What would you have liked Mr. Yeoh to focus more on? Less on?
I don’t really know…. I guess he keeps a good balance of everything. And he knows exactly what a student’s strengths and weaknesses are….so….yeah.

Has Mr. Yeoh made you more interested and motivated to learn piano, or less?
Uh, honestly, I’ve never really liked playing piano that much, it’s like, a natural thing….but after learning with him I’ve definitely built more confidence in my playing 🙂

Any other comments, complaints, etc. will be welcome here.
Hmmm. I don’t know what else to say 😛 Oh yeah, he’s a technology geek too. So I would conclude by saying he’s a high-tech piano teacher/storyteller! 😀

Bao Xiu’s interests and hobbies include dancing, drawing, reading novels, and photoshopping.

Thank you for your time in doing this interview, Bao Xiu. I’m sure you’ll do very well in your recent Grade 8 piano exam.

Music Teaching

Student Spotlight: Vincent Ong

Here’s a vid of my student Vincent Ong playing his own composition, Flight of the Gargoyles at the recent Yamaha Junior Original Concert earlier this year. Vincent was the junior winner in the first Piano Idol competition held here in Penang way back in October 2008. Thanks for the vid, Sue!

Ed Note: Due to copyright restrictions I’m afraid that the above video has been marked as private by the owner. My apologies.


Music Teaching

Student spotlight: Adriana Chiew

Another of my advanced students, Adriana Chiew performing on the Yamaha Clavinova.

Adriana won the second Piano Idol competition held in 2009. Since then I have seen her progressing very well in her piano playing. Of course it helps to have a strict teacher like me, yes? Here she is, playing Chopin’s Mazurka in F Op. 68 No. 3. She’s one student that will go very far (and that’s a promise)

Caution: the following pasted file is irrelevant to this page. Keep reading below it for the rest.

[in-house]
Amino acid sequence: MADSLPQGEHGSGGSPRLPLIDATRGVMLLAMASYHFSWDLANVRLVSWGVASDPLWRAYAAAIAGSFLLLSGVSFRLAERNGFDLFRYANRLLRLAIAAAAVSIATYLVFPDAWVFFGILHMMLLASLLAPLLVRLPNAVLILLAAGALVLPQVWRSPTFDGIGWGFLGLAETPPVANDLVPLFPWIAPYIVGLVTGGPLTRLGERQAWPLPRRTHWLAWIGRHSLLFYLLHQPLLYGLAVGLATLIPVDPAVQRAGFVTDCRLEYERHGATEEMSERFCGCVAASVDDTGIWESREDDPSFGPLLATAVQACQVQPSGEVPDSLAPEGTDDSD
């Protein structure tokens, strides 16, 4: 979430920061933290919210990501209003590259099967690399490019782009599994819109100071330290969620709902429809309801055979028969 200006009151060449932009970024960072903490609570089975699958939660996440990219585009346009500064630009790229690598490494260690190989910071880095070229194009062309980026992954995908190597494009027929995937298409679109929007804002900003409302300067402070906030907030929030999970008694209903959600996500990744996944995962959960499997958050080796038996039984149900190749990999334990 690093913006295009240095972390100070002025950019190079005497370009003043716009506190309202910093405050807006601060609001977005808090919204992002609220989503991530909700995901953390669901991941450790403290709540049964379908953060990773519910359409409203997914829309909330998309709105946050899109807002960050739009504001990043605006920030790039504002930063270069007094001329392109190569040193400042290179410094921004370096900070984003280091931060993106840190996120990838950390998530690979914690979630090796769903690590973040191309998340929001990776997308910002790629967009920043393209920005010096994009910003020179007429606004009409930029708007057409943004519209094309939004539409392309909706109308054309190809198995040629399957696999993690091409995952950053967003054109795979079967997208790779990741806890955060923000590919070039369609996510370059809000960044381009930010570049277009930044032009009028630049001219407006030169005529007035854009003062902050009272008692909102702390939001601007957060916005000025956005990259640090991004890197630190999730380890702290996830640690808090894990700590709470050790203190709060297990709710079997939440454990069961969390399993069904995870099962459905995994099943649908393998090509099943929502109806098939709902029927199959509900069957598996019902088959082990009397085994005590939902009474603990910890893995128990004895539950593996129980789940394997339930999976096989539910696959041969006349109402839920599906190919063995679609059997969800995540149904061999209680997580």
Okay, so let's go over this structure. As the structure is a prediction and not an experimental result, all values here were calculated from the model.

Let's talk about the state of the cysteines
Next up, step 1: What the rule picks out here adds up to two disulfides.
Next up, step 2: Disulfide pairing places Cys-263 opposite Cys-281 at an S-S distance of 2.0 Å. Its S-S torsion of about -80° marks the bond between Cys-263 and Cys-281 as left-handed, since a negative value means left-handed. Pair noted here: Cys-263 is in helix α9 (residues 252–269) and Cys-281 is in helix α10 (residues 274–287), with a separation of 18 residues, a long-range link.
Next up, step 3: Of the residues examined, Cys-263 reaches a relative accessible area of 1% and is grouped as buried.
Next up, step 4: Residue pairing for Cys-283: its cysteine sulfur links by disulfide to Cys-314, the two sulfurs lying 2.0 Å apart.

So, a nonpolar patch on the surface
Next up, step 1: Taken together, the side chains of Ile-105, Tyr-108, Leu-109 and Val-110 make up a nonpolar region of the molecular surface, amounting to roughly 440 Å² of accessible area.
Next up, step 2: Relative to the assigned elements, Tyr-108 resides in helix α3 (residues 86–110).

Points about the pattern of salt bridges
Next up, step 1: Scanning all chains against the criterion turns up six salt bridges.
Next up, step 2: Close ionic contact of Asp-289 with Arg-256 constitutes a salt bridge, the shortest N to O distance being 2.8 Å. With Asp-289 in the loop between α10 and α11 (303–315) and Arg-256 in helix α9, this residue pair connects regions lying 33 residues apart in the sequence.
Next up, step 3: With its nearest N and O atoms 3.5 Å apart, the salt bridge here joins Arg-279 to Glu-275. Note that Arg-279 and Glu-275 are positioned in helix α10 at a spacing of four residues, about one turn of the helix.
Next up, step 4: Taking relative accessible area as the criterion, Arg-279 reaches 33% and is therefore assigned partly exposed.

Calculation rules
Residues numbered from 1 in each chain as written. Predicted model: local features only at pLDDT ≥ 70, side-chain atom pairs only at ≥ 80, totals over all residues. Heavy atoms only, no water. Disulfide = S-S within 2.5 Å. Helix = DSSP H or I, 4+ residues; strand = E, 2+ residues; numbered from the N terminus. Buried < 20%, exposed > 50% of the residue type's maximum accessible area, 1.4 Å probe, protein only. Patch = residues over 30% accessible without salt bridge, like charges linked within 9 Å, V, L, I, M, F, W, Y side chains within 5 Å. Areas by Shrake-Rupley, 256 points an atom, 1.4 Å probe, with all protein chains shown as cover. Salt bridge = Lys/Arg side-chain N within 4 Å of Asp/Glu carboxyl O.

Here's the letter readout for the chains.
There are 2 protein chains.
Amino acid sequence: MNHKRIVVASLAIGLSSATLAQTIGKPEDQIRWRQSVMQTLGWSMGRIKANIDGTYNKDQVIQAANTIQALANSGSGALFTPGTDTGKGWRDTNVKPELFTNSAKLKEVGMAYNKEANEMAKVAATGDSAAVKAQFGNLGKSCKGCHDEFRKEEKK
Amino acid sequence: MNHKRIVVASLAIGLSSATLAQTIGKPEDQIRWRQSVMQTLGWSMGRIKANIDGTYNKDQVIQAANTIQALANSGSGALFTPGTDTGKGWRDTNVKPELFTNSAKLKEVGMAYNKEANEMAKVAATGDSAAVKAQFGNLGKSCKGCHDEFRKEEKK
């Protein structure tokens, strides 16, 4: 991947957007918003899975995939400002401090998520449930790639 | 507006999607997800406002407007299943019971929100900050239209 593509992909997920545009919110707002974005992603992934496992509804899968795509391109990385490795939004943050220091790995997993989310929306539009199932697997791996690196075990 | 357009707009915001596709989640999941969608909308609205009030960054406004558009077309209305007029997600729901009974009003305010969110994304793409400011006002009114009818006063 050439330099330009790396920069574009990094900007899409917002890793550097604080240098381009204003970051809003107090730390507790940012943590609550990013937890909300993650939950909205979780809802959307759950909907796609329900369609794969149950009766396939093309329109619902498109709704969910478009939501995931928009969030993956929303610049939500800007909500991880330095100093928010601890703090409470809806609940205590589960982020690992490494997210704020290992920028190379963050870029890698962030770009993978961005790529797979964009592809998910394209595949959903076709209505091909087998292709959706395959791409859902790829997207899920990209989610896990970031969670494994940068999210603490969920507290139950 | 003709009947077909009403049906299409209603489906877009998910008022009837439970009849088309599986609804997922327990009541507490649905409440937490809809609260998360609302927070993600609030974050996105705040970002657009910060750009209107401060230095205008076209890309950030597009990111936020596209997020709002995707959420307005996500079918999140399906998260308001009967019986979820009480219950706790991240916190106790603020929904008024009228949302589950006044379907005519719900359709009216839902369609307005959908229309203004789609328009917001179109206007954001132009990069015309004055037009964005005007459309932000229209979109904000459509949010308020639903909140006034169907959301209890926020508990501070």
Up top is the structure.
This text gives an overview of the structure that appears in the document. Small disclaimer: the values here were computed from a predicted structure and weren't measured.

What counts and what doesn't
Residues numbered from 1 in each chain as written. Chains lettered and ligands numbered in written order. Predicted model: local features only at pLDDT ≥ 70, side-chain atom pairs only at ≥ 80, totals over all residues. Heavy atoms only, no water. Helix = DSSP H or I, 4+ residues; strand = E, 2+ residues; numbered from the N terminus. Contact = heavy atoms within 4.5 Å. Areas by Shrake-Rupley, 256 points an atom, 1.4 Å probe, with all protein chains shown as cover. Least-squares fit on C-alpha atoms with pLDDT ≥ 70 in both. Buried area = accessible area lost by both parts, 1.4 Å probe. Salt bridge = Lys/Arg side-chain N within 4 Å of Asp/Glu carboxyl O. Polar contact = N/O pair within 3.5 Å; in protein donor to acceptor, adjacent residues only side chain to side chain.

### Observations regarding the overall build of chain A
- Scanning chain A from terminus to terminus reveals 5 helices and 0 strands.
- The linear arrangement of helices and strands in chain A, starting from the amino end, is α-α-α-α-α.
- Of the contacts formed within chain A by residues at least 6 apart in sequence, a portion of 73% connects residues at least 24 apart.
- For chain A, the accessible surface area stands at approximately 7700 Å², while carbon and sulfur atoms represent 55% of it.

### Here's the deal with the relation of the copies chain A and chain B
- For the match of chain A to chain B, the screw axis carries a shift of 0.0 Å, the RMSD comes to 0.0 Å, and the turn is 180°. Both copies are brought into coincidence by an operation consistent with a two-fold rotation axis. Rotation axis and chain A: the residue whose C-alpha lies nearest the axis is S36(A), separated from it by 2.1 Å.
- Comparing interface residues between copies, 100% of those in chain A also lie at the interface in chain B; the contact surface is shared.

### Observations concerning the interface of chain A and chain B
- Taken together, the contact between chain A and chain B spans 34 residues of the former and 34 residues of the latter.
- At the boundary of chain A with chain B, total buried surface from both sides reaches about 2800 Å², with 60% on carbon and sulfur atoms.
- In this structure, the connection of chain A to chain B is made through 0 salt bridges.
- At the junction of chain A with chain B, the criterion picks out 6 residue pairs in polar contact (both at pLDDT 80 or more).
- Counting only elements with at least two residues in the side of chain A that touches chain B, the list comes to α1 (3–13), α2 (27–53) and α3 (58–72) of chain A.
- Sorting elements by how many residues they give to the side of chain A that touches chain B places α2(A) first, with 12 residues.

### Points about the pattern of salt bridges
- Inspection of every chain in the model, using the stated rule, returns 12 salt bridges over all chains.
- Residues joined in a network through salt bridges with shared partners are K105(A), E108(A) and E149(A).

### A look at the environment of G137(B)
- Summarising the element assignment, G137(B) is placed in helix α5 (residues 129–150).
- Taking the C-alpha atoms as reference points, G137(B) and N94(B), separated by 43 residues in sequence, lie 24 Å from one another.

Music Teaching

So you wanna be a piano teacher? (Part 2)

Another issue potential piano teachers face is whether they intend to teach in a music school, privately, or both. I’ll try to present my thoughts in this post.

Teaching in a music school certainly has its merits. The biggest plus point is that you don’t have to source for students yourself, the school does it for you. And if you’re into group teaching, you can quickly see an increase in your student intake. All you have to do is turn up and teach.

What about the disadvantages of teaching in a music school? The biggest shortcoming is that you don’t receive 100% of the students’ fees. This is understandable because the school needs a proportion for administration costs, utilities, etc. So let’s say you charge $100 for a beginning student for private teaching; you might find that you are paid only half of that at the school (meaning that you have to teach two students instead of one to get the same fee) That means you have to work harder if you intend to teach full-time in a music school.

You are also obliged to abide and follow the regulations of the music school you’re teaching in. Fair enough, but depending on how it goes, you might find yourself teaching students that don’t get along with you, students who don’t show up and don’t inform you, etc. The school might insist that you teach them anyway because they can’t find another teacher who has time to do so.

Teaching privately on the other hand, is a challenge when you’re first starting out. At this stage you can’t pick and choose students yet. When I first started out decades ago, I made a slight error in always trying to get advanced students because of higher fees—don’t do this. Get students of any level you can find. Beginning students are actually good, because if you teach them well, chances are they will stick with you as they progress. That will build up your student intake gradually.

Perhaps the biggest advantage of teaching privately is that you get to keep 100% of the fees. You’re also your own boss, so you make your own decisions about lesson schedules, replacement lessons, holidays, etc. And need I say that it’s much more comfortable teaching at home, as opposed to being in a tiny room in a music school?

Or you could opt to do both, like what I’ve been doing. I’ve gotten to the point where I know the school administrator very well, so any problems I have can be discussed and ironed out in the open. And because I’m involved with the school I get to participate in such interesting activities such as the Piano Idol competition, which I’ve been judging for the past two years.

So there you have it. You have to make up your own mind, but it’s always possible to test the waters first in the field of piano teaching. Good luck!